FOREWORD: UNFAIR COMPETITION - PARASITISM - BREACH

Unfair competition and parasitism: Indifference of the intentional nature of the breach

Whereas the proof of fault must be admitted to ensure the success of an action in unfair competition, the nature of the misconduct is indifferent: it doesn’t matter if the fault has been committed intentionally or not. Nevertheless, this traditional solution seems to be called into question as far as parasitism is concerned. This is likely to lead to inexhaustible discussions on proof, about the voluntary character of the defendant’s economic behaviour, and to compromise its anchoring in unfair competition.

*This article is an automatic translation of the original article, provided here for your convenience. Read the original article. Cradle of competition law in the French tradition, the theory of unfair competition is intended to apply where competition is free. It then appears as a projection of the law of civil liability on the law of the market and as one of the most beautiful praetorian constructions built from articles 1382 and 1383 of the Civil Code. While proof of fault must be proved for the success of the action in unfair competition, it is irrelevant what the fault is, whether it is intentional or not. Contrary to what might be implied by the very expression "unfair competition", which is a mixture of morality and economy, unfair competition does not today require bad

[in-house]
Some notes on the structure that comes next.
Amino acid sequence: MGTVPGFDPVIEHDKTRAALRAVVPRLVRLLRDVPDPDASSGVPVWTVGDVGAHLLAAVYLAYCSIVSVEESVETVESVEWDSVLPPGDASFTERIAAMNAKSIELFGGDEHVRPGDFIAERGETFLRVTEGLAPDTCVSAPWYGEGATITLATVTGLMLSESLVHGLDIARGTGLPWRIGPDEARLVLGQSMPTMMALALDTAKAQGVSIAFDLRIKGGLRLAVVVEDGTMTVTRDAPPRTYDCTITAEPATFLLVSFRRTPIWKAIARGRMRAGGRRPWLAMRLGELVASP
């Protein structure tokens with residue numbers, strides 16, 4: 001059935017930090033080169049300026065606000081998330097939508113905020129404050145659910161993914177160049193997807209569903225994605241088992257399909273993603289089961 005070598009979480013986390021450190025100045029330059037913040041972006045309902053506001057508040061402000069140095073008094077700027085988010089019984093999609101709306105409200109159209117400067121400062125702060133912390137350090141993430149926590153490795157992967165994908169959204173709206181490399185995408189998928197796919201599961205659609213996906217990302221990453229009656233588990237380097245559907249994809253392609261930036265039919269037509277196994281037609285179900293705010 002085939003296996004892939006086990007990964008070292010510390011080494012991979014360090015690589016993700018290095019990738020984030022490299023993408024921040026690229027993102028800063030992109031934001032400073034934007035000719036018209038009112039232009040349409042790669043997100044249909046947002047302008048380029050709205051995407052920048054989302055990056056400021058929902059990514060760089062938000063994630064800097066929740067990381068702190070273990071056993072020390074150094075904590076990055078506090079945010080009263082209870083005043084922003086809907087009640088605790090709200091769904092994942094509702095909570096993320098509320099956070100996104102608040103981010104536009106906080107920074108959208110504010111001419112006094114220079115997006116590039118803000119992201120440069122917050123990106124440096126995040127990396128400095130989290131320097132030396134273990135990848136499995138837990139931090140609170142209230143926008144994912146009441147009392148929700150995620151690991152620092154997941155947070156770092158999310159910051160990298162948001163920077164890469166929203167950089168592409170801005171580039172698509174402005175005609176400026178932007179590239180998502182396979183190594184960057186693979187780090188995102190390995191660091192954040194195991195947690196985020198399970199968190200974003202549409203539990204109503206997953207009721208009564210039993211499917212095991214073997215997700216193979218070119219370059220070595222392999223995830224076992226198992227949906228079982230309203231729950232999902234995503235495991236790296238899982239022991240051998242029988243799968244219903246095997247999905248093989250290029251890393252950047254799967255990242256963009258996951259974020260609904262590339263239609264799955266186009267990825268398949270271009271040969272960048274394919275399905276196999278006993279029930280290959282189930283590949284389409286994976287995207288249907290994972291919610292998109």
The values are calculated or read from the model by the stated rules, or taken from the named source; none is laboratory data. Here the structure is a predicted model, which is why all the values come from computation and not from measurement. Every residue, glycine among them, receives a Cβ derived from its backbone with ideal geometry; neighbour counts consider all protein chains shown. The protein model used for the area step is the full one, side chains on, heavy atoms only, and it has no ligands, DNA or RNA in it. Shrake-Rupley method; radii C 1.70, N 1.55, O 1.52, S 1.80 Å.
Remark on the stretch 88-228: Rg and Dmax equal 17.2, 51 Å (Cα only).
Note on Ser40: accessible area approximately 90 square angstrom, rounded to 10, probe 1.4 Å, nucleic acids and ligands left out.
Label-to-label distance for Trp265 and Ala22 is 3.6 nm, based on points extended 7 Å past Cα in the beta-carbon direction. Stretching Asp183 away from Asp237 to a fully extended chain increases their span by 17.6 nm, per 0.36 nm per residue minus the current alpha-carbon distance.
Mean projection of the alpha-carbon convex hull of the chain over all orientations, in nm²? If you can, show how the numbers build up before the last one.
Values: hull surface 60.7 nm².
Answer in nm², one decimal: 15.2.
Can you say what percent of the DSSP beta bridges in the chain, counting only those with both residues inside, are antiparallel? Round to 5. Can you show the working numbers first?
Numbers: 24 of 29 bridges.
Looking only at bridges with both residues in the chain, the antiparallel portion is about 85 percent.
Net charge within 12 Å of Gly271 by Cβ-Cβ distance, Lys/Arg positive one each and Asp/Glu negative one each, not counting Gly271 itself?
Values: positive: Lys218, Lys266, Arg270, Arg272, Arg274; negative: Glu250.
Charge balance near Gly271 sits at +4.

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  • Université de Perpignan

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Yves Picod, Unfair competition and parasitism: Indifference of the intentional nature of the breach, February 2016, Concurrences N° 1-2016, Art. N° 77745, www.concurrences.com

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